The Black Plague – Is South Africa At Risk?
The WHO has put South Africa on alert as a possible destination for the black plague, but is it something we should be worried about?
Published: Tuesday, October 31st 2017
South Africa has been identified by the World Health Organisation (WHO) as one of nine countries at risk of the black plague. That’s right, the plague, the very same which terrorized Eurasia in the mid 1300's.
The black death is one of the most devastating pandemics in human history, estimated to have wiped out up to 60% of Europe’s population.
The most recent outbreak of the disease has occurred in Madagascar, which has trade and travel ties to SA. The other countries at risk are listed as Mozambique, Tanzania, Ethiopia, Mauritius, Comoros, Seychelles and La Reunion.
Depending on the type of disease the patient has contracted, bubonic or pneumonic, if left untreated the death rate can be 30-100% within 72 hours.
Sounds pretty terrifying, but luckily for us, medicine and antibiotics have advanced a little bit in the last 6 centuries.
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The latest report was issued by the WHO on 20 October and published by the NICD (National Institute for Communicable Diseases). The report indicated that, at the time, 1297 cases of the disease had been reported in Madagascar. So far, the death toll stands at over 100.
The majority of the cases (65%) are appearing as the pneumonic plague, rather than the common bubonic form.
The South African National Health Department have taken a number of precautions to prevent the spread of the disease. Namely:
South African travellers to Madagascar are advised to avoid highly populated areas. Generous application of insect repellent is recommended to prevent flea bites, and travellers should monitor their health for 15 days after returning.
As conditions can develop rapidly, if any plague symptoms are spotted, those people should immediately consult a doctor.
- Airline companies have been told to be on alert for ill passengers. Members of the Civil Aviation Authority are undergoing additional training in dealing with suspected cases;
- Port health officials have put screening procedures into place in order to identify suspected cases arriving in South Africa;
- Should suspected cases be detected in South Africa, provincial outbreak teams are on alert and will implement safety measures;
- The NICD will be able to diagnose the disease in their laboratories and is supporting all preparatory measures.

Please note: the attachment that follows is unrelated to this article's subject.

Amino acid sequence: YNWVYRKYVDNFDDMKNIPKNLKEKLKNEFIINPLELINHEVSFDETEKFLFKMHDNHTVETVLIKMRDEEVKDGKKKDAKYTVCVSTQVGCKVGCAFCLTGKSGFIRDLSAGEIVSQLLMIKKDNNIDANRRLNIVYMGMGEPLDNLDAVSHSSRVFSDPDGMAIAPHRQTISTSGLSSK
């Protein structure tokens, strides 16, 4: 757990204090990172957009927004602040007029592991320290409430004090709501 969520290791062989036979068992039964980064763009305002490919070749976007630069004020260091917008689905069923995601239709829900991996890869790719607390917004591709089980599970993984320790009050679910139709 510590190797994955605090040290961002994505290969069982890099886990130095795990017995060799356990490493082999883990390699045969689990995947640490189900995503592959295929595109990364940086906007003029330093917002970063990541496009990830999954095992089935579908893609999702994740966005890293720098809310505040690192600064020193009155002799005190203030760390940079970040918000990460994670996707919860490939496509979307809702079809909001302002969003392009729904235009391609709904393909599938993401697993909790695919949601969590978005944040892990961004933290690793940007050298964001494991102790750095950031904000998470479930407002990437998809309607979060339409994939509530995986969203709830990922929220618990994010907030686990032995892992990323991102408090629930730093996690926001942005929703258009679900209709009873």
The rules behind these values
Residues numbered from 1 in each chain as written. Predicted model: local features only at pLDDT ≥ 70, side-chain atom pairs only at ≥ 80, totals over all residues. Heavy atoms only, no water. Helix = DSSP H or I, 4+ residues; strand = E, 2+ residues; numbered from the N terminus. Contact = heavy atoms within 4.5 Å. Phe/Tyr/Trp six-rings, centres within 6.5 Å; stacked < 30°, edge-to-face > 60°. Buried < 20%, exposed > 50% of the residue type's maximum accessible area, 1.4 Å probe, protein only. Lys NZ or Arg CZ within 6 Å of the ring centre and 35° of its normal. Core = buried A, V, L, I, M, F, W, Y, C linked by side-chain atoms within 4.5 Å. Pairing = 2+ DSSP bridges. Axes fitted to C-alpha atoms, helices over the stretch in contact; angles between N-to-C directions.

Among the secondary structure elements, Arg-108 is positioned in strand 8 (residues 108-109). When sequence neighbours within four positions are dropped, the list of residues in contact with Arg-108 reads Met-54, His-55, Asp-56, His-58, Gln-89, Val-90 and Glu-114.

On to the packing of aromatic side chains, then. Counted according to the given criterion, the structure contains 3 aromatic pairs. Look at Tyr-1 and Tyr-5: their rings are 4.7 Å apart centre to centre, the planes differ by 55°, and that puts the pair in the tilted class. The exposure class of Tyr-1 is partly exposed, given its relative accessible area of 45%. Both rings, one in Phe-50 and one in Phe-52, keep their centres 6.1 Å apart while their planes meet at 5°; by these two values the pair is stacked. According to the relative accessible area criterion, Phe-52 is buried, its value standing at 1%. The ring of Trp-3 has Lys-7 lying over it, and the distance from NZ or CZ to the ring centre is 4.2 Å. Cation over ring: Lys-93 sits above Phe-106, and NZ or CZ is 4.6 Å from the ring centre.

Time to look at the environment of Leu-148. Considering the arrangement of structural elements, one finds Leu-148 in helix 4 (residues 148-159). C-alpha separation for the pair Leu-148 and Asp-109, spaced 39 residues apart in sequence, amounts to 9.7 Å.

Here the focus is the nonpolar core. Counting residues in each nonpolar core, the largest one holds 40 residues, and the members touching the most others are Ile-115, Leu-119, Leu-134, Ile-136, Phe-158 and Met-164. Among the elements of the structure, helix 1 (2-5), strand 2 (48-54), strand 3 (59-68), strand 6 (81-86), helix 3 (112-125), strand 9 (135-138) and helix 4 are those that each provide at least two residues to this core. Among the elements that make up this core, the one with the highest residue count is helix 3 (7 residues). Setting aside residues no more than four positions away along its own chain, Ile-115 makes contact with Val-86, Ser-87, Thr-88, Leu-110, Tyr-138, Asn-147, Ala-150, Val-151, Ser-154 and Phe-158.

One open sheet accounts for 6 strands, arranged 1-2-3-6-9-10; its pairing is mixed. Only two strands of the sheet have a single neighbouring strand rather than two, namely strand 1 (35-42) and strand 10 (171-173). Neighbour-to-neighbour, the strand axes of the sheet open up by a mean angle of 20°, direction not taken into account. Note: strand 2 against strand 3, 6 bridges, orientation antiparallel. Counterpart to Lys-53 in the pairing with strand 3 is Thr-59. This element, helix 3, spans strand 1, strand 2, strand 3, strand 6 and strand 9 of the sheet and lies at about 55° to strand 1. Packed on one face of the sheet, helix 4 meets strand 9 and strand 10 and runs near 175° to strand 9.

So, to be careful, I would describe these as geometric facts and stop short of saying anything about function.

The plague is caused by the bacterium, Yersina Pestis, found in some small mammals and transmitted by their fleas. If bitten by these infected fleas, it will develop as the bubonic plague.
Two types of plague are most common in human infections. These are the dreaded bubonic plague and the pneumonic plague.
The bubonic plague gets its name from the dark swellings, or buboes, at lymph-node sites in the armpits, groin and neck. The disease travels through the lymphatic system to the lymph nodes, where it replicates itself. Luckily, it’s not easily transmitted between people. However, sometimes the disease reaches the lungs, and then it becomes a whole different story.
The pneumonic plague attacks via the lungs and is transmitted via body fluids when infected patients cough or sneeze. As a result, an infected patient could infect everybody around them.
While the bubonic plague has a natural survival rate of 40-70% when left untreated, pneumonic plague is pretty much fatal. Without the early intervention of modern antibiotics – you will probably die.
Early symptoms of the plague include sudden fevers, head and body aches, nausea, chills and shortness of breath. In the case of the bubonic plague, painful lymph nodes may appear.
If caught early, the plague can be treated with antibiotics and recovery is common. In areas of outbreak, people who show symptoms should report to a health centre immediately. Patients with the pneumonic plague, however, must be isolated. They are treated by trained professionals wearing protective equipment.
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Reasons Not To Worry
It’s worth noting that we don’t call it the black plague anymore for a reason. Now, it’s just the plain old plague. Back in the Middle Ages, before the age of antibiotics, people’s fingers and toes may have gone black due to the infection in their blood. Today, it’s easily treatable.
According to Health24, the antibiotics commonly used include tetracyclines (such as doxycycline), fluoroquinolones (such as ciprofloxacin) and amingolycosides (including streptomycin and gentamycin).
Speaking to TimesLIVE, Professor Lucille Blumberg – consultant at the NICD – said the disease hasn’t spread across borders in three months. The disease has been contained in Madagascar since August, with 124 reported casualties.
So, if you haven’t been to Madagascar, the chances are slim that you’ll contract the disease. Regardless, SA has one direct flight a week from Madagascar – and all of these travellers are thoroughly screened. Anybody showing symptoms will be sent to the clinic for specialised tests.
The reason why so many people have died in Madagascar is because they just aren’t getting the medical treatment they need in time. They may misdiagnose themselves with the flu and just go about their lives until it’s too late.
In reality, you’re far more likely to get malaria than the plague, which can also be deadly.
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